Would a regular audit of Tether’s reserves by a Big Four accounting firm improve its standing regarding the “backing” question? “Regular auditing would absolutely help,” said Stein Smith, “both in raising the confidence in the backing of USDT, and creating crypto-specific standards that could be adopted by other stablecoin issuers going forward.”
But others aren’t so sure. USD Coin (USDC), the second leading stablecoin, has Grant Thornton LLP confirm that it has sufficient U.S. dollar reserves every month, for instance. This is often cited as a better approach, but even this has serious limitations, in McKenna’s view. All that is really happening, McKenna explained, is a monthly verification of the issuer’s bank balance. Two minutes after the auditor examines the bank statement, the stablecoin issuer could simply transfer funds elsewhere.
What’s the answer then? According to Mckenna, it’s escrow accounts — i.e., “segregated client funds like broker/dealers are required to have.” In any event, “There are lots of ways to tie up money so it can’t be touched.”
Elsewhere, another sticking point for people is the fact that according to Tether itself, only 2.9% of USDT’s asset backing is in cash, which has led some to say that Tether is acting like a bank — but without being subject to a bank’s heavy regulation.
“It is pretty clear looking at the makeup of the reserves — a tiny proportion of the reserves are cash on account at banks — that Tether is operating like a bank but with none of the normal disclosure,” Martin Walker, director of banking and finance at the Center for Evidence-Based Management, told the Financial Times.
Meanwhile, all the publicity about reserves probably isn’t helping the stablecoin attract new users. According to CoinMarketCap, USDT’s market capitalization has barely budged over the past month. With U.S. dollar-backed stablecoins, market capitalization is a good proxy for total supply because each coin is very close to $1.00. Meanwhile, USD Coin and Binance USD (BUSD), Tether’s closest competitors, have both increased their market cap substantially during this period — 10% and 12%, respectively, since the start of June.
Cointelegraph invited Tether/Bitfinex to comment on the idea that it seems to be losing ground to its competitors but did not receive a response.
What if USDT faltered?
There is no sign of any imminent USDT collapse, but given Tether’s continuing market dominance, such an event is often a topic of conversation — as a matter of speculation. Sogani told Cointelegraph:
“The BTC/crypto pairs would be sustained, but still there would be a bloodbath. I believe the market would lose between 10 to 15% — USDT circulating supply is $64 billion right now — in market cap and a sudden correction of up to 35% could be seen if USDT collapses as it would trigger a panic.”
Stein Smith, by contrast, doesn’t agree that stablecoins generally, or USDT specifically, represent much of a threat to financial stability or the crypto ecosystem. “If stablecoins truly did pose a global systemic risk, why are so many central banks experimenting and deploying central bank digital currencies — which are at a basic level government issued-stablecoins,” he said, adding:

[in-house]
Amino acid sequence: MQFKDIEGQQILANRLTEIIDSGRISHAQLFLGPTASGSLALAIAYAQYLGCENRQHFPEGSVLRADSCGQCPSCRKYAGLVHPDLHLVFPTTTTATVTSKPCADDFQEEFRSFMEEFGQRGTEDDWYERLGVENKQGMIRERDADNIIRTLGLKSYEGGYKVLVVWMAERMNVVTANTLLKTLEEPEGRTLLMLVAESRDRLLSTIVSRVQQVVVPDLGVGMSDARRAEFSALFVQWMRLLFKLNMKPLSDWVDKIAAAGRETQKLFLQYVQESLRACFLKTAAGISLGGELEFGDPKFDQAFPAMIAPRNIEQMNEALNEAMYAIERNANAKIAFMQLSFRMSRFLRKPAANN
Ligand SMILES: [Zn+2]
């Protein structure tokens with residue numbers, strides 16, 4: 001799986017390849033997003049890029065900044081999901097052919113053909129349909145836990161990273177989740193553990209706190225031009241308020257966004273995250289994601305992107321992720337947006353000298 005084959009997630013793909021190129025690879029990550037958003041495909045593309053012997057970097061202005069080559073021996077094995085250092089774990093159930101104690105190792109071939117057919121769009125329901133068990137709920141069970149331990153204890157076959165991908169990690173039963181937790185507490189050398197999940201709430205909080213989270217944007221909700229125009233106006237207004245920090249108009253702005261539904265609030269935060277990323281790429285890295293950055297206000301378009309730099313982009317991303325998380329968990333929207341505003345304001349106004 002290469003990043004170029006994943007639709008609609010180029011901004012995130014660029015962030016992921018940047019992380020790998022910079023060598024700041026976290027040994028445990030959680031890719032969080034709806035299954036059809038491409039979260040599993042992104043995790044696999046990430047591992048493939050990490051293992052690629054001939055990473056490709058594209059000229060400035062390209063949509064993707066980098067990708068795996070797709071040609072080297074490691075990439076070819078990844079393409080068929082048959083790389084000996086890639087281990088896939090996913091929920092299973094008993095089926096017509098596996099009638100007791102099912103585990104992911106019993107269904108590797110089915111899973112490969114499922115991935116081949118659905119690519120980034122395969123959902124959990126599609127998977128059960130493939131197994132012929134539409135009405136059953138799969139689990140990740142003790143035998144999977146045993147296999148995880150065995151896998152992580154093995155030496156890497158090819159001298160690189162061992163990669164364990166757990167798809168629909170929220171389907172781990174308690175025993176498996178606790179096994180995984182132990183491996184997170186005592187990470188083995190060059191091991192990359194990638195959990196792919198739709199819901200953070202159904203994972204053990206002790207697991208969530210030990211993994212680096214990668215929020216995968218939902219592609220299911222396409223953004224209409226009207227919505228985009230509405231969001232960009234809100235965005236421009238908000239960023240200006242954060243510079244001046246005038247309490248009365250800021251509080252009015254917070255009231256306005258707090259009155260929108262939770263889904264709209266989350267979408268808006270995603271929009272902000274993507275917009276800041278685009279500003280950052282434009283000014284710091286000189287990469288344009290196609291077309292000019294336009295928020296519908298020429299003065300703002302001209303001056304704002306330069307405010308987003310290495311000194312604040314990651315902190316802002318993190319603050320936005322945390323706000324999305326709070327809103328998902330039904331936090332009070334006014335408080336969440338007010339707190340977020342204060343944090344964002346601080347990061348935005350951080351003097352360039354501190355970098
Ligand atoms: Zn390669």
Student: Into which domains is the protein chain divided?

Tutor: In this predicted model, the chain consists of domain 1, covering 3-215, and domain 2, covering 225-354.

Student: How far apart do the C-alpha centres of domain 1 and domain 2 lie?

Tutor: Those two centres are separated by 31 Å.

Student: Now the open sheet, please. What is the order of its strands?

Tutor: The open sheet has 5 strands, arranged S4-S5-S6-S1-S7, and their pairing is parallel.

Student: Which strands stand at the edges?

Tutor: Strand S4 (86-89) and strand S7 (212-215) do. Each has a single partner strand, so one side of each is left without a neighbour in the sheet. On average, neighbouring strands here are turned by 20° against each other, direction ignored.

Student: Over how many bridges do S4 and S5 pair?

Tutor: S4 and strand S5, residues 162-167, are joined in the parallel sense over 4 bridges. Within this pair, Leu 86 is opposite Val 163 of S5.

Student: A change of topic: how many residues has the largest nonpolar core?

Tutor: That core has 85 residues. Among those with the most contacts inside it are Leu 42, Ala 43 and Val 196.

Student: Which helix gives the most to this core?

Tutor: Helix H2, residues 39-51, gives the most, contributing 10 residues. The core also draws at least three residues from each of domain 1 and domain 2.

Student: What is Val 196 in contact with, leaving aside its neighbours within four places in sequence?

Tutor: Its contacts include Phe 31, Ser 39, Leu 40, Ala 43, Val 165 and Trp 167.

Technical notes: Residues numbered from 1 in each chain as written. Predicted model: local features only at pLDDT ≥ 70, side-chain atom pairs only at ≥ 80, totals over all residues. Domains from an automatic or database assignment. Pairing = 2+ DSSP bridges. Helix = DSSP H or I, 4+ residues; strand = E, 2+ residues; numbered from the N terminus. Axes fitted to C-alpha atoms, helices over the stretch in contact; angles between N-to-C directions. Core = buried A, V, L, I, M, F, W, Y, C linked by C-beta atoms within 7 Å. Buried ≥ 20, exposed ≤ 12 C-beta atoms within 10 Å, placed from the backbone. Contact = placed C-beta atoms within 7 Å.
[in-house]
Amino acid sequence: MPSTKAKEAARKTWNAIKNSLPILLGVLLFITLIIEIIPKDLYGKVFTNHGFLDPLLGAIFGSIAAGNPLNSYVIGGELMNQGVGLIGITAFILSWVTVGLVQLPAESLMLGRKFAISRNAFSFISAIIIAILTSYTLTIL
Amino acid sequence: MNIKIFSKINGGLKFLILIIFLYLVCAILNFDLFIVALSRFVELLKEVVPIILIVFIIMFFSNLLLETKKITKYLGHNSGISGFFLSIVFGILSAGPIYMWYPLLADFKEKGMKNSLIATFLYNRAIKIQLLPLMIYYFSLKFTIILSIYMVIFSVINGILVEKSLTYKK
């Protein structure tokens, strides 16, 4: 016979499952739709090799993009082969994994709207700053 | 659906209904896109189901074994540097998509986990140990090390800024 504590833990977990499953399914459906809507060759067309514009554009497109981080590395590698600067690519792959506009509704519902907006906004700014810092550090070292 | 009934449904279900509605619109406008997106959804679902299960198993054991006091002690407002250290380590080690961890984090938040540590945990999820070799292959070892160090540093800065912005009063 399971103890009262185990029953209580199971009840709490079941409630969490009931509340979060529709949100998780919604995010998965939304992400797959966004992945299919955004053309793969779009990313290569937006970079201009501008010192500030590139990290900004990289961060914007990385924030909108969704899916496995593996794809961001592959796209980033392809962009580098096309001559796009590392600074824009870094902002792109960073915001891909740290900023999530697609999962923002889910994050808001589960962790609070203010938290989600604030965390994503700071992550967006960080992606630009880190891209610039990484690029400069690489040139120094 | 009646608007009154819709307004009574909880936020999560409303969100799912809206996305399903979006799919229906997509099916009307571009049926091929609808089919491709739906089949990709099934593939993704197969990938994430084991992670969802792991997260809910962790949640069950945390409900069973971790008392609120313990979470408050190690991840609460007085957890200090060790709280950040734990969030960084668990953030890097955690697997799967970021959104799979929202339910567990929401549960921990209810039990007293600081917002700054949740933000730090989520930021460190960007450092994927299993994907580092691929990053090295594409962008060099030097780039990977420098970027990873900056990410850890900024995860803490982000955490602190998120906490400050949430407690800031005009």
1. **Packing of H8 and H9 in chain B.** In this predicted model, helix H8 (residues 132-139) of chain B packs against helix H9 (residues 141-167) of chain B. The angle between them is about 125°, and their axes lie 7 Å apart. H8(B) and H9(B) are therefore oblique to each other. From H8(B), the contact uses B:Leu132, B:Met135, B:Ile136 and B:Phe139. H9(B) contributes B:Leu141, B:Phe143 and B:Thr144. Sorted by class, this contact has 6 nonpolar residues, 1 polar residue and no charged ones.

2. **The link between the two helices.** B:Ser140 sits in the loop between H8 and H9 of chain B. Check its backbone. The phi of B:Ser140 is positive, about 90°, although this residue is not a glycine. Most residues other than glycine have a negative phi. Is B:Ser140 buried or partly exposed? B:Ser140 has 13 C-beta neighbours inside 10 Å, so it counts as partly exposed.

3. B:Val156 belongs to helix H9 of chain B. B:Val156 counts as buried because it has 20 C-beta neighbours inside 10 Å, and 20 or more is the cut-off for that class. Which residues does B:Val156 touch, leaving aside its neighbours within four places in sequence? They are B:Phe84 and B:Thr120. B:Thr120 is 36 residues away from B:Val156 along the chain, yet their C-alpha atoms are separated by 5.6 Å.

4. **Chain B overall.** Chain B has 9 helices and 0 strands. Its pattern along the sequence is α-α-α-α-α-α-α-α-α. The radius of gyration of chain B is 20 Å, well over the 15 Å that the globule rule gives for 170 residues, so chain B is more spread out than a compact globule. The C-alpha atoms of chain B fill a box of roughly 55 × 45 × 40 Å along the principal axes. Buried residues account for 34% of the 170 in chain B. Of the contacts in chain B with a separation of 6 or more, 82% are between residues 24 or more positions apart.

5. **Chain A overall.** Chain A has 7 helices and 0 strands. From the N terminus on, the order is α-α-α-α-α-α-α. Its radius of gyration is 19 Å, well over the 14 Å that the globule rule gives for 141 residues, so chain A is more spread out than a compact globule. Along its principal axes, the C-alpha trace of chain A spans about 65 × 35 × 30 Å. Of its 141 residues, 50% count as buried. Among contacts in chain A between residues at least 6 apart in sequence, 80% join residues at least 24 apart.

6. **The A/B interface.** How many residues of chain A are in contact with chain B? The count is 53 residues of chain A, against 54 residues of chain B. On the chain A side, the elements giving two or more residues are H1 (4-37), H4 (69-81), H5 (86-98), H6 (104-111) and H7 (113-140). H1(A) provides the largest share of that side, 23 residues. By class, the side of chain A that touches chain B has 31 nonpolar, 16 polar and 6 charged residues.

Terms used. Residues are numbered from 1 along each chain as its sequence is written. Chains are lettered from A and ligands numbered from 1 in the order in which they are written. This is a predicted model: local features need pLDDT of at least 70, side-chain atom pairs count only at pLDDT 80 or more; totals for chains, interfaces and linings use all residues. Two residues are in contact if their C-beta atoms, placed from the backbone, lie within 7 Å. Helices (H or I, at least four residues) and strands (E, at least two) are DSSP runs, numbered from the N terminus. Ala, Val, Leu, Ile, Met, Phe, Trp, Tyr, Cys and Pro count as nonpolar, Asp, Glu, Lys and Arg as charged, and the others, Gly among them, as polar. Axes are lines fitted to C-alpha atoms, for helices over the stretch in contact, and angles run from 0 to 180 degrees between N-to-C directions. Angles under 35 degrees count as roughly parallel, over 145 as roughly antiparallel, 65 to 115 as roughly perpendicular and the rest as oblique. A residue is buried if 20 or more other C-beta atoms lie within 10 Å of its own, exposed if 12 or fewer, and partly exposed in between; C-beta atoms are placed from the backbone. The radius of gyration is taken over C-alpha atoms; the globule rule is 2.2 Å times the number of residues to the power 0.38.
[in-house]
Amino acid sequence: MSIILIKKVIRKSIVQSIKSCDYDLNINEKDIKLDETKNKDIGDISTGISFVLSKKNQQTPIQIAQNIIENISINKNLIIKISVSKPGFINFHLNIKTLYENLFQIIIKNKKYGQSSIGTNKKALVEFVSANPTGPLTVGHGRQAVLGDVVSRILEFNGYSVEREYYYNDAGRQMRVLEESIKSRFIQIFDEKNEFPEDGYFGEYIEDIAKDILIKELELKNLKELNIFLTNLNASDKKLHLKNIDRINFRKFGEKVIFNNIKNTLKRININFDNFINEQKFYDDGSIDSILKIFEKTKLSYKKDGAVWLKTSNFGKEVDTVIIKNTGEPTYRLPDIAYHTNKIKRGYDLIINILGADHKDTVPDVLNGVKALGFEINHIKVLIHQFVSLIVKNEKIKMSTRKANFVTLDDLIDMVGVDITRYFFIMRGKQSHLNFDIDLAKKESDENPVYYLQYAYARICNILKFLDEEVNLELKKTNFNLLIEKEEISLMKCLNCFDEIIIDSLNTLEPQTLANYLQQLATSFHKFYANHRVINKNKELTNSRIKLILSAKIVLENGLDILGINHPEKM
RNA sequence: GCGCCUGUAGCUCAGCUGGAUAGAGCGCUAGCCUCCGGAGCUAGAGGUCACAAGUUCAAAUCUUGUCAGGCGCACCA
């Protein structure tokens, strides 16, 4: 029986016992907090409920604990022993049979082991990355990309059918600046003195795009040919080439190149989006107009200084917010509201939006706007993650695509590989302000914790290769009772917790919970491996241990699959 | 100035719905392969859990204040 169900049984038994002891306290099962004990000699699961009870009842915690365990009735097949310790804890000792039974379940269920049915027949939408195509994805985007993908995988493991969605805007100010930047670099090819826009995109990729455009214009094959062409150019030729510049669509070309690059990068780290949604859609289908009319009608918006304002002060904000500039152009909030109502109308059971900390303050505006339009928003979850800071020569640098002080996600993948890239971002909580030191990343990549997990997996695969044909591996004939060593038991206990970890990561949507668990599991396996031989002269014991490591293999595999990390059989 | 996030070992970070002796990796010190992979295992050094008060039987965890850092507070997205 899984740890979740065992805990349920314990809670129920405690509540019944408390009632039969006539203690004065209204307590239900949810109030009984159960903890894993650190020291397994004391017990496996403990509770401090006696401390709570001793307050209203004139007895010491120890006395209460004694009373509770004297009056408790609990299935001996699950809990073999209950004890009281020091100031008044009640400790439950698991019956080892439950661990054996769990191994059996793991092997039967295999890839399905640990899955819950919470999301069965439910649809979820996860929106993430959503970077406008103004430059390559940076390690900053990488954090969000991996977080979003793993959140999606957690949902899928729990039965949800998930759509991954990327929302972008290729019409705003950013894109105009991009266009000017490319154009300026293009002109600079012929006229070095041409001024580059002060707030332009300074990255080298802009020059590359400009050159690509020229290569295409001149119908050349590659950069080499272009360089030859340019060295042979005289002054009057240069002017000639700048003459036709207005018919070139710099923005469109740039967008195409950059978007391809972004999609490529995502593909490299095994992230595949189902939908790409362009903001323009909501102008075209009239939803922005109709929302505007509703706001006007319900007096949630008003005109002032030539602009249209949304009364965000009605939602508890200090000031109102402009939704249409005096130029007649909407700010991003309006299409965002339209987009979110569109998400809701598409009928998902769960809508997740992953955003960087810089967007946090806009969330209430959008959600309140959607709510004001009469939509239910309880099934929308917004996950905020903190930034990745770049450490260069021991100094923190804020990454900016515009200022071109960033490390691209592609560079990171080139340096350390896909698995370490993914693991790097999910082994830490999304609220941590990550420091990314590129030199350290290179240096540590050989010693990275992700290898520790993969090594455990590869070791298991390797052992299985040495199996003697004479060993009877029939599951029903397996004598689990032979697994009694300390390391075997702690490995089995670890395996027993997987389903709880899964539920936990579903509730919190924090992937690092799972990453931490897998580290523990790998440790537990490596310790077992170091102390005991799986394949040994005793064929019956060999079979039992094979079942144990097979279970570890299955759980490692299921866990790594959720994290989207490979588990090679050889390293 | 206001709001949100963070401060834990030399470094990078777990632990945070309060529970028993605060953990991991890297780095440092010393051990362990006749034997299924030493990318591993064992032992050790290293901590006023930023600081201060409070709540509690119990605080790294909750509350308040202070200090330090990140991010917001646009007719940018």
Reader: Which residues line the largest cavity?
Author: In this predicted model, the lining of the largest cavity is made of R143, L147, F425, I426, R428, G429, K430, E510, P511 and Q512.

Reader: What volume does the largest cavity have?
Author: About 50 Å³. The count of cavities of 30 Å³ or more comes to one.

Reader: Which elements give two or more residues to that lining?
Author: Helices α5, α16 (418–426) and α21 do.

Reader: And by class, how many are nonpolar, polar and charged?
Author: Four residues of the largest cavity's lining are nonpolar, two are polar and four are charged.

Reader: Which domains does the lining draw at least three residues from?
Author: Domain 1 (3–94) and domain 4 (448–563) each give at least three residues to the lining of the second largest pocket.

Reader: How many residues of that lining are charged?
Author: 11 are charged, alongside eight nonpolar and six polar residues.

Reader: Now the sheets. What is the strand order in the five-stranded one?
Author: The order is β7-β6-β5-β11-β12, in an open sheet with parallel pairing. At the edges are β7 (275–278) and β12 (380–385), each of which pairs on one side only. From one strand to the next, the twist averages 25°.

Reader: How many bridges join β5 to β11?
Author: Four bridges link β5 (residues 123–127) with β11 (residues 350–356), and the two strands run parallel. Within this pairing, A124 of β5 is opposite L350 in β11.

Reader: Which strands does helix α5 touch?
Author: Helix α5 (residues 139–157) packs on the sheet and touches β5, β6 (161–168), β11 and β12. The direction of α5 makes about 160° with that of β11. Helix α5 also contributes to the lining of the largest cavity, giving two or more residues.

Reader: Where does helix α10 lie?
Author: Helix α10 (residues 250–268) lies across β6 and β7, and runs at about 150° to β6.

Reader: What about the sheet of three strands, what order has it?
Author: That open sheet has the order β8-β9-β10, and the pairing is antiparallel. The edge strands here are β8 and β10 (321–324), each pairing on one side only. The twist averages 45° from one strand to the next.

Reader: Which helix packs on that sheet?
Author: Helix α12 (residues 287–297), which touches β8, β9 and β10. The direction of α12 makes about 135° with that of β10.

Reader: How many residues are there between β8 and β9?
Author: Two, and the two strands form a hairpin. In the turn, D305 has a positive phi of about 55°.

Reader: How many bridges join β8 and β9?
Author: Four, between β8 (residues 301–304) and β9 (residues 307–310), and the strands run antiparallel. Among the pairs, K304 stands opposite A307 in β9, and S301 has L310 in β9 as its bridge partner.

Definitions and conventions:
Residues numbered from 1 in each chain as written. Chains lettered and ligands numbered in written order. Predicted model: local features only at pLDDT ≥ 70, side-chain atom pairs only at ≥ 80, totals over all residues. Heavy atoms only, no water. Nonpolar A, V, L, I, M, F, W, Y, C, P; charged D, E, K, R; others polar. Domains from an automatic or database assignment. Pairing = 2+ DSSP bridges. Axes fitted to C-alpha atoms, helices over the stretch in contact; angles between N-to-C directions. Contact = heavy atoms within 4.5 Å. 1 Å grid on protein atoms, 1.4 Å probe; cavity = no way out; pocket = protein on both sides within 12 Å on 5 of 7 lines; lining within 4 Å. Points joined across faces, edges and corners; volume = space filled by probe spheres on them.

“If Tether collapsed there would certainly be some volatility and headlines foretelling the ‘end of crypto,’ but it would not crash the entire sector.”
STABLE Act needed?
Elsewhere, stablecoin regulation could be coming, at least if certain initiatives prove successful. “It is important that when a fiat-currency-pegged stablecoin is issued that it is regulated,” said Sogani, “or else it is like creating value out of thin air to keep buying more crypto, especially Bitcoin. Since stablecoins are centralized in most cases, strict regulations must be in place because of lack of transparency.”
The stablecoin market is fragmented globally, too, as different organizations have their own stablecoins, and many stablecoins are available on multiple chains. USDT, for example, is available as an ERC-20 token on Ethereum, a TRC-20 token on Tron and a BEP-20 token on Binance Smart Chain and can also be used via the Omni Layer on Bitcoin (BTC), which makes auditing more difficult.
“Stablecoin is essentially unregulated free banking that issues deposits. However, free banking never worked in the past, even in cases where the government required backing,” Yale University finance professor Gary Gorton recently presented along with his opinion that “There needs to be credible backing for Stablecoin as they are now runnable without any entity overseeing them.”
“The sector could profit from more regulation,” Willamette University’s Grey told Cointelegraph. Grey helped draft the Stablecoin Tethering and Bank Licensing Enforcement (STABLE) Act, which was introduced in the United States House of Representatives in December 2020. The STABLE Act would, among other things, require U.S. stablecoin issuers to obtain bank charters and prior approval from the Federal Reserve, the Federal Deposit Insurance Corporation and the appropriate banking agency in their jurisdiction.
All in all, stablecoins have exploded recently, and as a result, they are attracting more attention from financial regulators. Tether sits at the top of the stablecoin pyramid, but questions remain about whether all fiat-based stablecoins are really pegged one to one, said McKenna. “If I need cash to honor redemptions or pay taxes am I going to get dollar for dollar?”
After all, when money market funds “broke the buck” during the 2008 financial crisis — i.e., when their net asset value fell below $1 — it was because those funds had invested in derivatives, commercial paper and other suddenly illiquid assets. McKenna concluded: “Yes, there are enormous reasons for the Fed and its presidents to be concerned.”